a
} should be combined to form a final compression resultant C in a section. Hence, as shown in Fig. 9, the final acting point z will be
$$z = \frac{(C_{o}  \Updelta C)z_{o} + N_{a} z_{a}} {C_{o}  \Updelta C + N_{a} } $$
(19)
The lever arm length z above is established on the basis of the force equilibrium conditions at a section. Whereas the z defined by Eq. (7) is mathematically derived on the basis of the assumption of constant α throughout the shear span. These values of z must be identical to each other. By equating these two equations with substituting Eqs. (12), (17) and (18) and the approximation of z_{
a
} ≅ z, the inclined angle θ is expressed in terms of α and f_{1}:
$$ \cot \theta_{x} = \frac{{\frac{{M_{x} }}{{z_{o} }}\left( {\frac{1}{{(R_{x} )^{\alpha } }}  1} \right) + f_{1} b_{w} z_{o} (R_{x} )^{\alpha } \left( {1.5  0.5(R_{x} )^{\alpha } } \right)}}{{V_{x} \left( {\alpha \left\{ {1  (R_{x} )^{\alpha } } \right\} + (1  \alpha )\left\{ {1.5  0.5(R_{x} )^{\alpha } } \right\}} \right)}} $$
(20)
where R_{
x
} = M_{
x
}/M_{max}, that is the sectional moment ratio with respect to the maximum moment of a beam.
From the moment equilibrium at a section with z_{
a
} ≅ z, the final compression force C in the top chord and the tension force T in the bottom chord should be
$$ C = (C_{o}  \Updelta C)\frac{{z_{o} }}{z} + N_{a} = \frac{M}{z}  \frac{{N_{b} }}{2} $$
(21a)
$$ T = T_{o} + \Updelta T + (C_{o}  \Updelta C)\frac{{z_{o}  z}}{z} = \frac{M}{z} + \frac{{N_{b} }}{2} $$
(21b)
Figure 10 shows the final configuration of the resultants acting at a section. From the figure, it can be realized that the equilibriums in both the shear and the moment are simultaneously satisfied at the section. Also, the slope of the thrust in the top chord is V_{
a
}/C, which is equivalent to dz/dx in Fig. 2c. As the section approaches toward the support, the slope dz/dx becomes steeper because C becomes smaller owing to the smaller sectional moment. This is the primary reason for which a tiedarch action is formed in cracked reinforced concrete beams.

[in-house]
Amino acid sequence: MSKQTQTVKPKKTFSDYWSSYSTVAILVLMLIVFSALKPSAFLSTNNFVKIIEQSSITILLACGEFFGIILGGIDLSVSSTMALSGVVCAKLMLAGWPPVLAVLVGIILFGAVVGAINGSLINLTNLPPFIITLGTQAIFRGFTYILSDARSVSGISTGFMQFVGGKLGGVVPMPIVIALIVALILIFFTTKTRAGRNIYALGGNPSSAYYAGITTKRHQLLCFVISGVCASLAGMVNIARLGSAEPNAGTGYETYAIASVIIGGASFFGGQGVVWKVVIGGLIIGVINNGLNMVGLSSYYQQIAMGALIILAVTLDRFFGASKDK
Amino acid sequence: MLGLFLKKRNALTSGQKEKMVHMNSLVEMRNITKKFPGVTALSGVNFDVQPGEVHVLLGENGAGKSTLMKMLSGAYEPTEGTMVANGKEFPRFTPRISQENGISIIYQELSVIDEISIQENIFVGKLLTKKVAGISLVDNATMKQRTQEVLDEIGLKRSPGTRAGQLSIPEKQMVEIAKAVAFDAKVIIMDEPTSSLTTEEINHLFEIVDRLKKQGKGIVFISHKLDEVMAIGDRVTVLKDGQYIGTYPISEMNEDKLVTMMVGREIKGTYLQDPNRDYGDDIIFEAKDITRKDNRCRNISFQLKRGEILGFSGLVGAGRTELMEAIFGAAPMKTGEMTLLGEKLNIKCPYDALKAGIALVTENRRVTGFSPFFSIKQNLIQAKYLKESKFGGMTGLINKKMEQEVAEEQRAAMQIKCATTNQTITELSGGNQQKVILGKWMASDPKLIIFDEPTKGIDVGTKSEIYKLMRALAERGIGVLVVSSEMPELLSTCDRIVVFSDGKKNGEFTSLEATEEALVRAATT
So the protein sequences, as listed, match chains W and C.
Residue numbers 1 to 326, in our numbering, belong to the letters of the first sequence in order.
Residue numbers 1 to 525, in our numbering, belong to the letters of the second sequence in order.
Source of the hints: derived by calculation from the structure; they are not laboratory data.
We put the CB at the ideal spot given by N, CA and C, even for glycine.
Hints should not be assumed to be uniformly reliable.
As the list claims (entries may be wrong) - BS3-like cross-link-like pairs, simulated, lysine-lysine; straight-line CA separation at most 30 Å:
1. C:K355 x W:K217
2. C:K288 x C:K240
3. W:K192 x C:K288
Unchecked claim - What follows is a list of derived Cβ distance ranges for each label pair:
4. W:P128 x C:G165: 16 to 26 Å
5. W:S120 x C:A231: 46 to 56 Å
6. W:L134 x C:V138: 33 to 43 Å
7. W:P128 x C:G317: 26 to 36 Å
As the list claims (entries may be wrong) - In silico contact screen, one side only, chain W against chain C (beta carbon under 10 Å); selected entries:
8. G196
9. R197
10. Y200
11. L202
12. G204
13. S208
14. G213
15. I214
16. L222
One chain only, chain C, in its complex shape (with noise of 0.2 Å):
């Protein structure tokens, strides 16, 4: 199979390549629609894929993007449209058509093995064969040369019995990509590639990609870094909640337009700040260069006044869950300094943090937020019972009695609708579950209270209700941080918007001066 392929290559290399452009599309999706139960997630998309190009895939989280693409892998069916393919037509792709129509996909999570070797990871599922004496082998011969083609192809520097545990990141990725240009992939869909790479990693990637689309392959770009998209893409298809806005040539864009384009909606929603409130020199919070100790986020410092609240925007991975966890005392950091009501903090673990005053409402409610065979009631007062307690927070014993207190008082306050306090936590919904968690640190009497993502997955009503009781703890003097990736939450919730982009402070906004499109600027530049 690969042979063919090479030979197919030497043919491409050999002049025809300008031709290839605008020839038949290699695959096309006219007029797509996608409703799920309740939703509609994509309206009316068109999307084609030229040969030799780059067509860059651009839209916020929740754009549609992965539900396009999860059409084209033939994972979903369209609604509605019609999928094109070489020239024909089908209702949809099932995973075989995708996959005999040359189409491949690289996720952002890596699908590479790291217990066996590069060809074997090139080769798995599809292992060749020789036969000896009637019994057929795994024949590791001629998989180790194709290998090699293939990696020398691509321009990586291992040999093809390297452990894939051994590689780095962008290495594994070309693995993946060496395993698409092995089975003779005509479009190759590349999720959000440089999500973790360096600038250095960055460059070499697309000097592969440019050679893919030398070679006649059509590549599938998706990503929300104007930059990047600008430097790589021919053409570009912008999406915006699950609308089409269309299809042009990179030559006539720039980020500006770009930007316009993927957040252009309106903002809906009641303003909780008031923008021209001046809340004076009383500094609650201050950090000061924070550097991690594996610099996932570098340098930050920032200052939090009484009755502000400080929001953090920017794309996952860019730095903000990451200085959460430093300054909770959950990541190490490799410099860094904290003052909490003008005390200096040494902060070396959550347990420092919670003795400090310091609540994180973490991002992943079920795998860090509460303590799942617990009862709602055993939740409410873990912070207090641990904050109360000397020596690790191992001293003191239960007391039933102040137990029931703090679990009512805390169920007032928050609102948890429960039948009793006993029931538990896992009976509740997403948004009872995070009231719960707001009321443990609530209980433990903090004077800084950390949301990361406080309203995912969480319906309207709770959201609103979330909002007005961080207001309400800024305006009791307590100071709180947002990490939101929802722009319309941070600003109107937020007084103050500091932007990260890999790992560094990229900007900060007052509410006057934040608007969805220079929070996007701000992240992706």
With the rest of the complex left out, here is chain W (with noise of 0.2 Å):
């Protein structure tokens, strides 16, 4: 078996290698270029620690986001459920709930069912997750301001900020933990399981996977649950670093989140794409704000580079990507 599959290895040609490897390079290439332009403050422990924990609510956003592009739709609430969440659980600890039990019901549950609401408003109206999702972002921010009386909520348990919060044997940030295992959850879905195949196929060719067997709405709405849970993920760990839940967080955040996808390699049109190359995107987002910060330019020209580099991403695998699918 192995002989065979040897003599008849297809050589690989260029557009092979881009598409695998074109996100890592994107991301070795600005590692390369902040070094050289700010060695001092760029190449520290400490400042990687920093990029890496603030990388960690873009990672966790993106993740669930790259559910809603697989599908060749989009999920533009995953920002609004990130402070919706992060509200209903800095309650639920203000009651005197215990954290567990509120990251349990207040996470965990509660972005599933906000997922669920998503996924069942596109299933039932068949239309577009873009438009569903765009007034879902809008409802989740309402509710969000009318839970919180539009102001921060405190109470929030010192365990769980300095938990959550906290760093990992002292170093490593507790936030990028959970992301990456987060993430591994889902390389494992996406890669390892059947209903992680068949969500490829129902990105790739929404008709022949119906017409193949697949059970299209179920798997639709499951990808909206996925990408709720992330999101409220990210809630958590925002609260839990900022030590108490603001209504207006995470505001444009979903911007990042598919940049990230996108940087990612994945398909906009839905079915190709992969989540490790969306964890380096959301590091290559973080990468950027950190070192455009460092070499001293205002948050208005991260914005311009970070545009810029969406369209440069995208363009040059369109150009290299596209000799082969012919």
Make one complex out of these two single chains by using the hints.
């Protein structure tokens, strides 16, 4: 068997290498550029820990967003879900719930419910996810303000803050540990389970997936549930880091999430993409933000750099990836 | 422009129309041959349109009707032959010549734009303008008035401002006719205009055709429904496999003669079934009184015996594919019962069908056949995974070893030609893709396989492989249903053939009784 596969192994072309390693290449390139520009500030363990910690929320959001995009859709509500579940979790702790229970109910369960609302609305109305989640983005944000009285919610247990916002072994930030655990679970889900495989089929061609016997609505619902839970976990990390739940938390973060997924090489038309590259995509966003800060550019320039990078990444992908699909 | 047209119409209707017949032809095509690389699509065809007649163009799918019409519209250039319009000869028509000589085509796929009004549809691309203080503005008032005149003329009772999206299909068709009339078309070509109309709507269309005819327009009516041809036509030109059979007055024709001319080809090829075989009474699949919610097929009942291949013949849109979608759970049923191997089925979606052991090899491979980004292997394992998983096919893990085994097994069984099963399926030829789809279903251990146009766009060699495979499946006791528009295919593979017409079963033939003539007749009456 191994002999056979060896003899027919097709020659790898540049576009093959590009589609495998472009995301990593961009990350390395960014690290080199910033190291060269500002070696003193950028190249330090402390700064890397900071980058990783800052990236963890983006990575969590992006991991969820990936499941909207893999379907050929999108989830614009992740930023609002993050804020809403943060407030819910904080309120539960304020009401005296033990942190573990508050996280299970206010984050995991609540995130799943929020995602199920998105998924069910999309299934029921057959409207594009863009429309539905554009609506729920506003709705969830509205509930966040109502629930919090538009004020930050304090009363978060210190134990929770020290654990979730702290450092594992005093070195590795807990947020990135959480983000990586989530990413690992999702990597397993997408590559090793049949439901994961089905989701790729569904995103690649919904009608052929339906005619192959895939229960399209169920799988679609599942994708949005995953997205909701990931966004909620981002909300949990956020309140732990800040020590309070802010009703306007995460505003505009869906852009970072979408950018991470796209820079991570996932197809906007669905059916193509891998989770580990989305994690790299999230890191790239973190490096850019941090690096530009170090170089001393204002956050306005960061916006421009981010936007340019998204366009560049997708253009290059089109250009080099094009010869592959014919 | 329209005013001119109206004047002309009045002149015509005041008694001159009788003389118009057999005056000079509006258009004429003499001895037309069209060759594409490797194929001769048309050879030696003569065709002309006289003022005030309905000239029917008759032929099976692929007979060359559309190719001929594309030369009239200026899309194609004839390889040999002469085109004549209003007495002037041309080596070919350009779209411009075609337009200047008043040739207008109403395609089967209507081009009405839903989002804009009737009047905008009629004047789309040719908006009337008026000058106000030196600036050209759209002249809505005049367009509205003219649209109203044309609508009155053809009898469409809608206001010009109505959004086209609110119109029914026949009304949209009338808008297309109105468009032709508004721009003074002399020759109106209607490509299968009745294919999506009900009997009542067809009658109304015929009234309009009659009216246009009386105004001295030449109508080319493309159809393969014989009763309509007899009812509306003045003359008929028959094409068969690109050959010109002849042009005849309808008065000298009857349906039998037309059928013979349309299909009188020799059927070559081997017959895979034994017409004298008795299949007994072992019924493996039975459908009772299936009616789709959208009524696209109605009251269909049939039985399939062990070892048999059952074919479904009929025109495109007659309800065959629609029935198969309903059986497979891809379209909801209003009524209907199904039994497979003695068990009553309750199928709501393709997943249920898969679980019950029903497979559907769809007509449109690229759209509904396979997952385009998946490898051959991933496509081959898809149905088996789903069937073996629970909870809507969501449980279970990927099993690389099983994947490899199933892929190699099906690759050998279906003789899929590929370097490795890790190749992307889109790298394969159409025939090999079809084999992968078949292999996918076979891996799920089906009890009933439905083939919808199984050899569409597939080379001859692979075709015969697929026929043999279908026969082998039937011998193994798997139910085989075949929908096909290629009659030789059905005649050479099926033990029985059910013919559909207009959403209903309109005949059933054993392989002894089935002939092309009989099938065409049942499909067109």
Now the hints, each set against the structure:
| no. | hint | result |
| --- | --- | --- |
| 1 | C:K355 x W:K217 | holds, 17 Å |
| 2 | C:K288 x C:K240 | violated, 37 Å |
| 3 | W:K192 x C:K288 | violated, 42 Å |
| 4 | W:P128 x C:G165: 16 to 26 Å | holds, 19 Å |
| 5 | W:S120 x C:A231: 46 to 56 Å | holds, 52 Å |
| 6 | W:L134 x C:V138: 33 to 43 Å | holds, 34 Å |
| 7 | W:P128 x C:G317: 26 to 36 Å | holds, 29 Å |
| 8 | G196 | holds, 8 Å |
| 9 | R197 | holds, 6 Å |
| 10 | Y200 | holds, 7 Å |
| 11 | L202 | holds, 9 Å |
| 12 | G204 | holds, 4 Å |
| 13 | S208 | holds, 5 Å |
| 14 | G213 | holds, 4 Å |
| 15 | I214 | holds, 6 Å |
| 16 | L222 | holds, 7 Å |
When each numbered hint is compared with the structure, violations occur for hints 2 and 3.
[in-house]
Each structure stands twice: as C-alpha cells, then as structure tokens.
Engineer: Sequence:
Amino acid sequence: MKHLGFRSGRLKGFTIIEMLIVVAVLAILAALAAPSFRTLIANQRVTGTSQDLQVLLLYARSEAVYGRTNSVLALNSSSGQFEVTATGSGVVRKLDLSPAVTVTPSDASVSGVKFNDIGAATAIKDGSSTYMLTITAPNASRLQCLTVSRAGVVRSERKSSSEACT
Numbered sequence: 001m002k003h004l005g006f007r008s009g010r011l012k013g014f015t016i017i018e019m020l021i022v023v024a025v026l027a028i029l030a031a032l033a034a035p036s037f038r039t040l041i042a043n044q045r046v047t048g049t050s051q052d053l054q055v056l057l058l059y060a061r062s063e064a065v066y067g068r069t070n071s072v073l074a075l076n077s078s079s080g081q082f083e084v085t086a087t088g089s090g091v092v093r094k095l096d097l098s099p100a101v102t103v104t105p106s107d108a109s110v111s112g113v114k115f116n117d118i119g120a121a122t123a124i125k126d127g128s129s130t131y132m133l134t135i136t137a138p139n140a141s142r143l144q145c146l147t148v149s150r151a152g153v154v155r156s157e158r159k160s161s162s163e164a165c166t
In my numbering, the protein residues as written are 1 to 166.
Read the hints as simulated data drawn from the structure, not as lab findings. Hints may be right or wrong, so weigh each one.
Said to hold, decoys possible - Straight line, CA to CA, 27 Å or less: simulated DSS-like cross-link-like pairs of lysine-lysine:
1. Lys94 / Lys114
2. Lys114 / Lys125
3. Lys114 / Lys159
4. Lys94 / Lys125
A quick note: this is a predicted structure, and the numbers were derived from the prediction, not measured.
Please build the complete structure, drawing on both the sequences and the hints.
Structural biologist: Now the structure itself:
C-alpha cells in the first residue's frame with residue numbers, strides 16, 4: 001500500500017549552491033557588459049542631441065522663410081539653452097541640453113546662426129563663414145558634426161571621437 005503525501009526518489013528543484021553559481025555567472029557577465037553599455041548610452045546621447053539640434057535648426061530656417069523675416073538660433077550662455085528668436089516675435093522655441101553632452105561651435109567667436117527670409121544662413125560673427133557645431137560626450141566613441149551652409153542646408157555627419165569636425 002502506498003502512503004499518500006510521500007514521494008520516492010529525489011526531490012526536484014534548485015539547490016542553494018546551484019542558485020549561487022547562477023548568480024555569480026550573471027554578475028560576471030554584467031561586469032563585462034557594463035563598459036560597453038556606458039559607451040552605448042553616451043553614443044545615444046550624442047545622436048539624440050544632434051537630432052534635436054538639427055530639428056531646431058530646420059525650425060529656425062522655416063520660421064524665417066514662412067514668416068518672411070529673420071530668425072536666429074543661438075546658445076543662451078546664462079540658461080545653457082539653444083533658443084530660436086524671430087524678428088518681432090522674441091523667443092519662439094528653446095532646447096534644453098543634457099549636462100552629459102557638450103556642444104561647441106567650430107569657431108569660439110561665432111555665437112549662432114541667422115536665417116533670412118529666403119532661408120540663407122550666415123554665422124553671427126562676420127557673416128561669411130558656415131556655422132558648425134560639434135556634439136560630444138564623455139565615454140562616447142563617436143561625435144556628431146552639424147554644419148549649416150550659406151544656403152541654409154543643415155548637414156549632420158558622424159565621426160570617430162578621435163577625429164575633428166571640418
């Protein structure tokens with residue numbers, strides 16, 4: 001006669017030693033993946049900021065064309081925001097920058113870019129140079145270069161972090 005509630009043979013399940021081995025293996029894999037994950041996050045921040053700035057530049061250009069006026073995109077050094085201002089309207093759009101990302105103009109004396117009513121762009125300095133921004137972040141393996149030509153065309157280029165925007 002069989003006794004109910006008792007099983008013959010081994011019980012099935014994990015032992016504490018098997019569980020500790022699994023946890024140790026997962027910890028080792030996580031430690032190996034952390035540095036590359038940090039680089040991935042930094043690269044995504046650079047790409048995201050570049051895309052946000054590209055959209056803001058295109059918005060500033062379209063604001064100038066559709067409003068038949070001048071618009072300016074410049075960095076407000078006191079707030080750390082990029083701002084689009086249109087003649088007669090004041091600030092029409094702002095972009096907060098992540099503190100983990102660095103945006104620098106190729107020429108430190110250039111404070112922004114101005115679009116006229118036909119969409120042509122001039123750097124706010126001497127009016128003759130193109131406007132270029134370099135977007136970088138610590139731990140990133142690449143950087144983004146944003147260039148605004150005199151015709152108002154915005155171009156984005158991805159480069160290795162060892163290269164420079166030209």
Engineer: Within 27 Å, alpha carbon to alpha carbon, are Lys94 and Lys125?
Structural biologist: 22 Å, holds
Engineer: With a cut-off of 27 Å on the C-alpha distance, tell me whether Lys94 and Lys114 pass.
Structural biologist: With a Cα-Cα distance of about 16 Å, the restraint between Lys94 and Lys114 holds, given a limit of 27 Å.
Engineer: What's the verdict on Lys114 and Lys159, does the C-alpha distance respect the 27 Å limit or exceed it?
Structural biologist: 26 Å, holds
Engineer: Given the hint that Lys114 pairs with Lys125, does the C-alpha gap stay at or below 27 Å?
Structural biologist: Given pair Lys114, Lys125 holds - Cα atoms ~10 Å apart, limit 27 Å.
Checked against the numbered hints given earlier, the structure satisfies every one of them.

3.3 Relative Displacements of Top and Bottom Chord
As described before, the relative displacements of the top and bottom chords u_{
m
} and u_{
n
} can be evaluated by Eq. (3). Utilizing Eqs. (2) and (7) together with Fig. 4, dC/dx and dT/dx at each section are simply expressed in terms of α and V_{
x
}:
$$ \frac{dC}{dx} = \frac{dT}{dx} = \frac{{(1  \alpha )V_{x} }}{{z_{o} (R_{x} )^{\alpha } }} $$
(22)
For the evaluation of the axial stiffness of the top and bottom chord, some approximations are required because the actual stress distributions are relatively complex. It may be reasonable estimation that the effective depth of the compression chord is equal to the depth of the rectangular compression stress block and remains constant along the span as sketched in Fig. 11. With this approximation and the substitution of Eq. (22), Eq. (3a) becomes
$$ u_{m} = \int\limits_{a}^{x} {\frac{1}{{E_{c} A_{tc} }}\left( {\int_{a}^{x} {\frac{{(1  \alpha )V_{x} }}{{z_{o} (R_{x} )^{\alpha } }}dx} } \right)dx} = \frac{Va}{{z_{o} }}\frac{x}{{E_{c} A_{tc} (2  \alpha )}}\left[ {1  \left( {R_{x} } \right)^{1  \alpha } } \right] $$
(23a)
where E_{
c
} is the concrete elastic modulus, and A_{
tc
} is the effective area of the top chord estimated based on the effective depth defined above. The axial deformation of the tension chord due to dT/dx, which corresponds to the relative displacement u_{
n
}, is approximately evaluated using CEB/FIP MC90 the tension stiffening effect expression (Fig. 7c). In applying this formula to a beam, the height of the effective tensile tie is normally assumed to be about 2.5(h − d) as shown in Fig. 11 (CEBFIP 1990). Hence, Eq. (3b) can be rewritten as follow:
$$ u_{n} = \frac{Va}{{z_{o} }}\frac{x}{{E_{s} A_{s} (2  \alpha )}}\left[ {1  \left( {R_{x} } \right)^{1  \alpha } } \right]  x\left( {\frac{{0.13\sqrt {f_{ck} } }}{{E_{s} \rho_{eff} }}} \right) \ge 0 $$
(23b)
where \( \rho_{eff} = \frac{{A_{s} }}{b \cdot 2.5(h  d)} \) and x is distance from the support.
3.4 Solution Algorithm
All of the relationships required to determine the value of α have been discussed above. For a specific section in a beam with vertical stirrups at a given load, a suitable iterative procedure is as follows:

Step1: Assume a value of α

Step2: Choose a value of ɛ_{1}, then calculate f_{1} from Eq. (13)

Step3: Calculate z from Eq. (7), and θ from Eq. (20)

Step4: Calculate f_{2} from Eq. (8), and f_{
v
} from Eq. (11)

Step5: Calculate ɛ_{2} from Eq. (14), and ɛ_{
t
} from Eq. (15)

Step6: Calculate γ_{
w
}from Eq. (16a) and γ_{
w
} from Eq. (16b)
Then, check that γ_{
w
}from Eq. (16a) = γ_{
w
} from Eq. (16b) or not.
If γ_{
w
}from Eq. (16a) ≠ γ_{
w
} from Eq. (16b), return to Step2.
If γ_{
w
}from Eq. (16a) ≅ γ_{
w
} from Eq. (16b), go to Step7.

Step7: Calculate u_{
m
}from Eq. (23a), and u_{
n
} from Eq. (23b)

Step8: Check that γ_{
w
} = (u_{
m
} + u_{
n
})/z or not.
If γ_{
w
} ≠ (u_{
m
} + u_{
n
})/z, return to Step1 and repeat
If γ_{
w
} ≅ (u_{
m
} + u_{
n
})/z, take the last assumed α value.
With the help of a spread sheet calculator, the procedure above is easily performed. As a tip for fast iteration, it is recommended to use the inverse value of the shear spantodepth ratio of the beam considered as an initial value of α in Step1.